Skip To Main Content

Raising Awareness and Support for a Vital Cause

Raising Awareness and Support for a Vital Cause

In 1999, on the very first Denim Day, women across the globe joined together in solidarity and wore denim to support sexual assault awareness. Nearly 25 years later, Women of Canterbury (WoCbury) continues that mission. 

Awareness was front-and-center on campus during the week leading up to this year’s Denim Day, an initiative near and dear to the hearts of WoCbury Co-Presidents Elsa Copeland ’24 and Madeline Diglio ’24. “We all put a lot of our work and passion into the event,” Maddie said. “It was a mix of spreading awareness, educating our community, and raising money for support. The topic has touched so many lives. Seeing the awareness brought to action and the conversations occurring about it on campus was extremely important to us.”

That original Denim Day was introduced after an Italian court granted the appeal of a rapist and overturned his sentence because his victim wore tight jeans. This sparked worldwide protests, and Italian women showed up to work wearing jeans and other denim garments. That gesture grew to become a global phenomenon observed each year in April, which is Sexual Assault Awareness Month. 

As Denim Day drew near at Canterbury, Saints picked up special pins crafted by WoCbury members, made donations, and signed jeans in solidarity. Students also addressed the topic during School Meeting and shared informational videos, including one about consent that used the offering of tea as a metaphor. It was compelling, even humorous at times, and, Elsa said, wholly effective in delivering the message. “The video got everyone’s attention. People were talking about it—saying ‘What is this?’—and that is ultimately what you want,” she said. “We considered other options but chose this one to get the point across and keep people engaged. It was perfect!”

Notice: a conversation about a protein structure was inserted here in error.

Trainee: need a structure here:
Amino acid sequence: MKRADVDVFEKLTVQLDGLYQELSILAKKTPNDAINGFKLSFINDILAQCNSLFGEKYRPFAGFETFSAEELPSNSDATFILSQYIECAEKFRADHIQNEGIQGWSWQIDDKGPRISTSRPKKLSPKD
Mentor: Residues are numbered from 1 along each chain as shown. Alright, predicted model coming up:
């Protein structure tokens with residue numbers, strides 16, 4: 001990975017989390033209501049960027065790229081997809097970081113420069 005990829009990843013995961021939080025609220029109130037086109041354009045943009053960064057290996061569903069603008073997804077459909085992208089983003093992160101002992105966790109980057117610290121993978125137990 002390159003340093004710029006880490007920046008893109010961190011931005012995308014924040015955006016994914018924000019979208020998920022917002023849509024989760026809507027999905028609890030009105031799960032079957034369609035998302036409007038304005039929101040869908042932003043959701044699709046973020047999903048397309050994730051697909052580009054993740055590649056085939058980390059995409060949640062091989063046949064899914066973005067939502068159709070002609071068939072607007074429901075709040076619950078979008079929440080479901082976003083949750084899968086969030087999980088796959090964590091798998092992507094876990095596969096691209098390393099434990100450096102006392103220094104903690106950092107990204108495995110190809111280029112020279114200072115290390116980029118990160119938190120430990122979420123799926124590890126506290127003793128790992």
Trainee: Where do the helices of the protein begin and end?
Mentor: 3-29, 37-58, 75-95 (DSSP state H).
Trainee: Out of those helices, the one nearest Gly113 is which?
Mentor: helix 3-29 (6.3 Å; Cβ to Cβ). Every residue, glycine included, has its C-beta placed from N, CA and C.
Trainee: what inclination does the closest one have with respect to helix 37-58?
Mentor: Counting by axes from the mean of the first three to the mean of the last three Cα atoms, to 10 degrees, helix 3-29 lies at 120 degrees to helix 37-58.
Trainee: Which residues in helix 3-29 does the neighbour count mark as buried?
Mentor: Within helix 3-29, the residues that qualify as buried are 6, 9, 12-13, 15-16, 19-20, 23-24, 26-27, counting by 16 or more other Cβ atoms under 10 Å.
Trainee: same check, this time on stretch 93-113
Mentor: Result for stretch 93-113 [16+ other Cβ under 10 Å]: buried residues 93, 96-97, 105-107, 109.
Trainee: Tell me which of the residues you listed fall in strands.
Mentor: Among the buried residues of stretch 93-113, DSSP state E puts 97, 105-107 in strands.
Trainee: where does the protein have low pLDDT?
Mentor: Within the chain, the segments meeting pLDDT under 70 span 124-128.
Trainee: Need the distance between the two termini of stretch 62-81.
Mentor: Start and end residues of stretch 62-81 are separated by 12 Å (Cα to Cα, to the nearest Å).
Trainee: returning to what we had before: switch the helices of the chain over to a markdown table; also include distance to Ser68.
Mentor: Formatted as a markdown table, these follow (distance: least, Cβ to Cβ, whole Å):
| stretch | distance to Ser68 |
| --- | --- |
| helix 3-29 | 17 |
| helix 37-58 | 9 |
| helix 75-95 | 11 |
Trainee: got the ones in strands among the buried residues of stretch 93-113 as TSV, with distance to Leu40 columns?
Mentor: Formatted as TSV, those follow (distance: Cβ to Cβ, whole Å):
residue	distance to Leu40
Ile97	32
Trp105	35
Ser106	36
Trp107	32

The entire hilltop community embraced the spirit of Denim Day. Students and faculty alike were able to “dress down” if they wore their pins along with either denim or teal—the official color of sexual assault prevention. But it was not only about dressing down; our Saints were fully committed to helping raise awareness. “Even the students who were in dress code that day—who didn’t wear denim or teal—were still coming to us for pins,” Elsa shared. “They were saying, ‘Can I have a pin or two? I want to show my support.’ That was so great!”

Both Elsa and Maddie were quick to give shoutouts to their WoCbury Faculty Leads, Head of School Rachel Stone P ’23, ’24 and Director of Health Services Colleen Cook, R.N. ’02, for their help with the event. “Mrs. Cook and Mrs. Stone did a lot of work behind the scenes,” Maddie said. “They devote so much of their time to this.”

They were more than happy to do it. “It has been rewarding to watch the students' passion for the topic develop. Their commitment has helped grow Denim Day into a whole week of programming,” Colleen said. “I am confident our students ended the week understanding the educational resources available to them on and off campus and feeling empowered to support each other.”

Denim Day raised more than $1,000 for The Center for Empowerment and Education (CEE) in Danbury, which provides support services for victims of interpersonal violence through counseling and advocacy, crisis intervention, and emergency shelter. CEE also prevents and reduces interpersonal violence in the community through education and awareness. Thank you, Women of Canterbury, for your extraordinary efforts on behalf of this essential organization and cause.